The political instability which usually rocks opposition parties mainly caused by lust for power among their leaders which is often reflected in the repeated cycle of making and breaking alliances among the parties have further escalated the doubts of the public on their political integrity and leadership quality.
It is not uncommon to hear the leaders, whose suppressed super-ego for power often surfaces whenever their parties fall in to many factions, cursing and screaming at each other at public forums or media. This irresponsible behavior is the last thing the public expects even from ordinary citizens, leave alone from the people to be their leaders. This has badly tarnished their already doubtable leadership maturity and skill among the people.
Their flat denial to all tangible changes brought to the country by the ruling party has further eroded their trust among the pubic. They turn deaf ears to the visible rapid economic development registered straight for seven years and concrete changes brought in social and political spheres by the government. The people, who do not want any political party to lie to them like the opposition parties do, by failing to recognize the visible changes, lost their confidence in them.
The opposition parties also failed to convince the wider public as to what will be the fate of the nation if they are elected. Rather than providing alternatives of their own which is reliable and realistic to the voters, they usually capitolize on discontents and weakness of the ruling party. They could not expect the electorate to buy their rhetoric but empty words and promises they provided during the election campaign which cannot buy neither development nor bread.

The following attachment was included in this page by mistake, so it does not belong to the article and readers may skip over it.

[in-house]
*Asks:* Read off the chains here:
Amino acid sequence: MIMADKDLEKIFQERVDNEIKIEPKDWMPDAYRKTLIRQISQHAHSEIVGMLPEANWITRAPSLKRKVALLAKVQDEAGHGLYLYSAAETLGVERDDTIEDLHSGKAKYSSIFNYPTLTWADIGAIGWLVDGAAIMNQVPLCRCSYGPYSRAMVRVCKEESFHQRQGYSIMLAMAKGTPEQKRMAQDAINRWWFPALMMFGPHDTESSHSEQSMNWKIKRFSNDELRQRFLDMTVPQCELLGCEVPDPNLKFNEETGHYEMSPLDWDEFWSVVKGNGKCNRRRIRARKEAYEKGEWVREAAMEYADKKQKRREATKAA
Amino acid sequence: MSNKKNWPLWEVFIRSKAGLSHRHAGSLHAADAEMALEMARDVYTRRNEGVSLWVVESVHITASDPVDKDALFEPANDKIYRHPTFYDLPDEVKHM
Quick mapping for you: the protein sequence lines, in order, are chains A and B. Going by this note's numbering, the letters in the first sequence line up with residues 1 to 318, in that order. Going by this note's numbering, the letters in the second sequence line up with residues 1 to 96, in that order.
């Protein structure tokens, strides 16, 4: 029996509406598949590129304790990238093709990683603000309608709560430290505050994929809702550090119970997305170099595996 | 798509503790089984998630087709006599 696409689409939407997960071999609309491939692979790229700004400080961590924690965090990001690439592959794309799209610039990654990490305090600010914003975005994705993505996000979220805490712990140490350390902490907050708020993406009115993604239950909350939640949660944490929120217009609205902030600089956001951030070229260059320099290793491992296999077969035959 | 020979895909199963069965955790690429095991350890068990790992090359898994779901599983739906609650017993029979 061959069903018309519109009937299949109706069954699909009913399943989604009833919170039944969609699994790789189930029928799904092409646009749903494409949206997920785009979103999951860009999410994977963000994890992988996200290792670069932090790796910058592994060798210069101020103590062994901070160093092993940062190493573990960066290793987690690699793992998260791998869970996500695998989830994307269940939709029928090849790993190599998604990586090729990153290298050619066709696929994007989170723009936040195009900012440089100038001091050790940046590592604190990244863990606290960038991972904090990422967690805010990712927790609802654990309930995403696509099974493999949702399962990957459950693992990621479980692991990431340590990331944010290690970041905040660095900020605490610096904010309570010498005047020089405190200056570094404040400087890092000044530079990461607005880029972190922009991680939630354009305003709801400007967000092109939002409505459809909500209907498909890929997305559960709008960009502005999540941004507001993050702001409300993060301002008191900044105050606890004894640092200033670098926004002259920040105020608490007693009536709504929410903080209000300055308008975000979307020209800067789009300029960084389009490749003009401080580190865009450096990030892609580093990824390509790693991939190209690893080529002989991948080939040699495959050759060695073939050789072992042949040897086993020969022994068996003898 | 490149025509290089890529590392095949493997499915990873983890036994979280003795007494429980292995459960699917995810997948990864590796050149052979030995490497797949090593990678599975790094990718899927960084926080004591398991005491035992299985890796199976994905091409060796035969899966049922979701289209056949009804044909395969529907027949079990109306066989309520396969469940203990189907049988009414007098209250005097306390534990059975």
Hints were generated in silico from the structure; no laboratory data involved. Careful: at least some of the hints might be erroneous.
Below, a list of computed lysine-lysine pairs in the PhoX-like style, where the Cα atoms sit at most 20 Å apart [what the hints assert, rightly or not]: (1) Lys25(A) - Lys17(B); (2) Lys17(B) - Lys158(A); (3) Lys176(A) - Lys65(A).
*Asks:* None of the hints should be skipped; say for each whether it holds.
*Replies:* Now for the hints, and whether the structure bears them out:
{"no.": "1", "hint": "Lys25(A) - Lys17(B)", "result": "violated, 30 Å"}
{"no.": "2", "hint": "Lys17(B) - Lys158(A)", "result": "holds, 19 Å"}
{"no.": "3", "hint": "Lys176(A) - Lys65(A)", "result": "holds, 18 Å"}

I think, all these along other reasons piled up together has stripped the leaders of the opposition parties off their lust for power, which led their parties to their blowing defeat in the past elections. Anyhow, why not they see inwards rather than outwards and find out the real reasons why the pubic hate them and lose its trust, instead of blaming the shift on the government.
It is stupidity to expect the wider public to cast their votes in elections to them who do not have visions beyond themselves. The existing opposition parties, whose leaderships have been soiled beyond redemption in terms of public trust, are the last political entities this nation needs. The worn-out ideologies and political rigidity, in which the obstinate leaders pursue, are incapable of winning the trust of the public.
Making merger/alliance among them, like made recently by the UDJ and Birhan, with out first making remedies on their orthodox and unacceptable political outlooks, couldn’t take their leaders no where, except leading them to where they belong, the grave, while turning their highly volatile political parties into total oblivion.